TABLE 2______________________________________FLOW CHART VARIABLESVariable Description______________________________________AccelAngle Angle of the Accelerometer `X` or `Y` axis.Accelcosinesum Temporary storage of the DFT calculated cosine sum.AccelMag Magnitude of the Accelerometer `X` or `Y` axis.AccelSelect True if AccelMag and AccelAngle represent `X` axis values. False if AccelMag and AccelAngle represent `Y` axis values.Accelsinesum Temporary storage of the DFT calculated sine sum.AccelSumming- An array dimensioned to Samplespercyclebuffer which contains the summed Accelerometer `X` or `Y` axis A/D data.AccelTempBias A temporary variable which is an intermed- iate value which converts accelerometer X or Y axis A/D bits into temperature correct- ed units of gravities.AccelTempBuffer An array dimensioned to Samplespercycle which contains the Accelerometer `X` or `Y` axis A/D data.AccelTempScale A temporary variable which is an intermed- iate value which converts accelerometer X or Y axis A/D bits into temperature correct- ed units of gravities.AccelZTempBias A temporary variable which converts accelerometer Z axis A/D bits into temperature corrected units of gravities.AccelZTempScale A temporary variable which converts accelerometer Z axis A/D bits into temperature corrected units of gravities.AccelZ Magnitude of the Accelerometer `Z` axis.AcceptClip The acceptable number of Samplespercycle data sets that can experience clipping and still be acceptable for inclusion of this rota- tion in the final analysis.Accounts The number of executions of the interupt routine during this revolution of the downhole tool.Acqcycles Number of tool revolutions over which the raw Magnetometer and Accelerometer data was acquired.AcquireData Executes the interupt routine when True (Performs rotating data acquisition). Bypasses the interupt routine when False.AcquisitionDuration The amount of time over which the rotating azimuth and inclination raw data is acquired.Anmisperslice The ratio of the actual number of interupt routine executions per revolution to the desired number used in the Astate machine.Astate One of two state machines in the interupt routine which acquires the data that is later used for the calculation of rotating azimuth and inclination.Atemp Loop index used in the Astate machine.Azimuth 0 to 360 degrees from magnetic north.DrillpipeID Inside diameter of the drill pipe of the downhole tool.DrillpipeOD Outside diameter of the drill pipe of the downhole tool.EPSILON3 Variable which contains the phase error corrections associated with rotation.EPSILON4 Variable which contains the magnitude corrections associated with rotation.GMAX The A/D raw reading which if a raw accelerometer reading is equal or greater than constitutes clipping.GMIN The A/D raw reading which if a raw accelerometer reading is equal or less than constitutes clipping.Ground Magnitude of the ground signal in the same scaling as AccelZ and magZ.GX Temporary variable used to store either TempGx or TempGy based upon AccelSe- lect.Gxclip The number of Samplespercycle data sets that have experience clipping on the X or Y accelerometer axis. Whichever is specified by AccelSelect.Gzclip The number of Samplespercycle data sets that have experience clipping on the Z accelerometer axis.HX Temporary variable used to store either TemHx or TempHy based upon MagSelect.Inclination 0 to 90 degrees from line which points to center of the earth.lndex Loop counter temporary variable.KAO-KA3 Temporary variables used to represent KGXAO-KGXA3, KGYAO-KGYA3, KHXAO-KHXA3, KHYAO-KHYA3 to reduce the number of equations that have to be coded.KBO-KB3 Temporary variables used to represent KGXBO-KGXB3, KGYAO-KGYA3, KHYAO-KHYA3 to reduce the number of equations that have to be coded.KGSCLF Constant used to scale accelerometer A/D bits into units of gravities.KGXAO-KGXA3 Constants used to temperature correct the accelerometer X axis.KGXBO-KGXB3 Constants used to temperature correct the that accelerometer X axis.KGYAO-KGYA3 Constants used to temperature correct the accelerometer Y axis.KGYBO-KGYB3 Constants used to temperature correct the accelerometer Y axis.KGZAO-KGZA3 Constants used to temperature correct the accelerometer Z axis.KGZBO-KGZB3 Constants used to temperature correct the accelerometer Z axis.KHSCLF Constant used to scale magnitometer A/D bits into units of gauss.KHXAO-KHXA3 Constants used to temperature correct the magnetometer X axis.KHXBO-KHXB3 Constants used to temperature correct the magnetometer X axis.KHYAO-KHYA3 Constants used to temperature correct the magnetometer Y axis.KHYBO-KHYB3 Constants used to temperature correct the magnetometer Y axis.KHZAO-KHZA3 Constants used to temperature correct the magnetometer Z axis.KHZBO-KHZB3 Constants used to temperature correct the magnetometer Z axis.K1AO-K1A3 Constants used to temperature correct the constant K1EPSILON3K1EPSILON3 Constant used to frequency correct the variable EPSILON3.K1EPSILON4 Constant used to frequency correct the variable EPSILON4.K1Temp Constant used to convert the raw A/D input for temperature into degrees centigrade.K2AO-K2A3 Constants used to temperature correct the constant K2EPSILON3K2EPSILON3 Constant used to frequency correct the variable EPSILON3.K2EPSILON4 Constant used to frequency correct the variable EPSILON4.K2Temp Constant used to convert the raw A/D input for temperature into degrees centigrade.K3AO-K3A3 Constants used to temperature correct the constant K3EPSILON3K3EPSILON3 Constant used to frequency correct the variable EPSILON3.K3EPSILON4 Constant used to frequency correct the variable EPSILON4.Last.sub.-- Quadrant Value of Quadrant during the last execution of the interrupt routine.MagAngle Angle of the Accelerometer `X` or `Y`.Magcosinesum Temporary storage of the DFT calculated cosine sum.MagMag Magnitude of the Magnetometer `X` or `Y` axis.MagSelect True if MagMag and MagAngle represent the `X` axis. False if MagMag and Mag- Angle represent the `Y` axis.Magsinesum Temporary storage of the DFT calculated sine sum.MagSumminbuffer An array dimensioned to Samplespercycle which contains the Magnetometer `X` or `Y` axis A/D data.MagTempBias A temporary variable which is an intermed- iate value which converts magnetometer X or Y axis A/D into temperature corrected units of gauss.MagTempbuffer An array dimensioned to Samplespercycle which contains the Magnetometer `X` or `Y` axis A/D data.MagTempScale A temporary variable which is an intermed- iate value which converts magnetometer X or Y axis A/D into temperature corrected units of gauss.MagZTempBias A temporary variable which converts magnetometer Z axis A/D bits into tempera- ture corrected units of gauss.MagZTempScale A temporary variable which converts magnetometer Z axis A/D bits into tempera- ture corrected units of gauss.MAGZ Magnitude of Magnetometer `Z` axis.MTF Magnetic Tool Face is the angle between the magnetometer and accelerometer angles.Pi 3.14159 . . . etc.RawTemp Actual A/D reading for temperature.Rcounts The number of interrupt routine executions in a complete revolution of the downhole tool.Rotation.sub.-- Clock A value between 0 and 12 seconds. it is the interval over which a check is made if the tool is rotating.Rotation.sub.-- Detection The number of consecutive quadrants that the tool has rotated in the same direction. If positive then the direction was clockwise. If negative then the direction was counterclockwise.Rotation.sub.-- Detection If the tool is rotating then this variable is either CW for clockwise or CCW for counterclockwise.Rotation.sub.-- Setpoint The number of consequetive quadrant changes in the same rotation direction that constitute the declaration that the tool is rotating.Rotating True if the tool is rotating about its Z axis. False if it is not rotating about its Z axis.Rnmispercycle The number of interrupt routine executions in a complete revolution of the downhole tool.Rnmisperslice The ratio of the actual number of interupt routine executions per revolution to the desired number.RHO0 Constant.Rstate One of two state machines in the interupt routine which determines the length of the rotation period of the downhole tool.Samplespercycle Number of identical intervals each tool revolution is divided into. Raw Accelerometer and Magnetometer data is acquired at each interval.Temperature Temperature of the downhole tool in degrees centigrade.TempValid True if the value of the variable Tempera- ture is valid. False if the value of the vari- able Temperature is invalid.Trigger Value indicates to take one of the Samplespercycle data sets.______________________________________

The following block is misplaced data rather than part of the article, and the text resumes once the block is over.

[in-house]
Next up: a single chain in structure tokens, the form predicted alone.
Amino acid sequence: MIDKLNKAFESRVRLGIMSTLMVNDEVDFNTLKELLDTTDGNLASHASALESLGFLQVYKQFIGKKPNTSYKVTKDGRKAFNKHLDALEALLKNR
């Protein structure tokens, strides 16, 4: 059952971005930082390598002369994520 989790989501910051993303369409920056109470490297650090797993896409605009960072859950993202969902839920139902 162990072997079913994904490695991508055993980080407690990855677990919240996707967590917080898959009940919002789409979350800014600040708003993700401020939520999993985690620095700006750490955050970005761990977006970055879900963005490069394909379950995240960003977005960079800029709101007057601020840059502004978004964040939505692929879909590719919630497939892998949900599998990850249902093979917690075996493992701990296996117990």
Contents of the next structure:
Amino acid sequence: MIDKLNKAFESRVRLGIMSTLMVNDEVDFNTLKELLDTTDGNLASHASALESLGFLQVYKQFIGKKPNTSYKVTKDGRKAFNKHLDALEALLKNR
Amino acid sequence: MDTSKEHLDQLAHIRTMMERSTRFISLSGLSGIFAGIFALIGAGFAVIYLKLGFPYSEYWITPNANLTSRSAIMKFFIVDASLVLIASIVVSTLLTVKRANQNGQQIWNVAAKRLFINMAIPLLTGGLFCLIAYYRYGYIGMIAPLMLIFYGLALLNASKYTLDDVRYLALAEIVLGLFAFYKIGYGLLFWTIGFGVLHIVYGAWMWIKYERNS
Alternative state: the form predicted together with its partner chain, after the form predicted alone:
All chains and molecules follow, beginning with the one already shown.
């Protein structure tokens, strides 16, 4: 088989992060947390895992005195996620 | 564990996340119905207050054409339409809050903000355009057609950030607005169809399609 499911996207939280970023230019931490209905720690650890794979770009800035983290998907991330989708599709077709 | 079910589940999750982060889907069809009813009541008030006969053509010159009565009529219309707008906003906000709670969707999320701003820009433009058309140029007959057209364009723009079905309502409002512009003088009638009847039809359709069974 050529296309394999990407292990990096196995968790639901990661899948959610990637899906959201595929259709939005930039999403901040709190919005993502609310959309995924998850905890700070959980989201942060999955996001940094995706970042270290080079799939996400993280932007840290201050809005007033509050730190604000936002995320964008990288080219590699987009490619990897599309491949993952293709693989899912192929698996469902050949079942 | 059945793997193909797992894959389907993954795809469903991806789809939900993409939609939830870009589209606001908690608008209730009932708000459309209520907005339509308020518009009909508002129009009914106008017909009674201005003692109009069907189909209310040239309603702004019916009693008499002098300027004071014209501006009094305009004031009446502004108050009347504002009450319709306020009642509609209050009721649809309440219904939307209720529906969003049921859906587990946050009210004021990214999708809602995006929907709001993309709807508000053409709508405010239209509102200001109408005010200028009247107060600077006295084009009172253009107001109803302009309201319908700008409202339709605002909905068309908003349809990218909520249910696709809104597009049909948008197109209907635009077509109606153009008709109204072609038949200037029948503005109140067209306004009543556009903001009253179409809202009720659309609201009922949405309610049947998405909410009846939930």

TABLE 3______________________________________INITIAL STATE ASSUMPTIONSVariable Value______________________________________AcquireData FalseAcquisitionDuration 20 Seconds.DrillpipeID Diameter of the inside of the drill collar that the downhole tool mounts inside of.DrillpipeOD Diameter of the outside of the drill collar that the downhole tool mounts inside of.TempValid False.______________________________________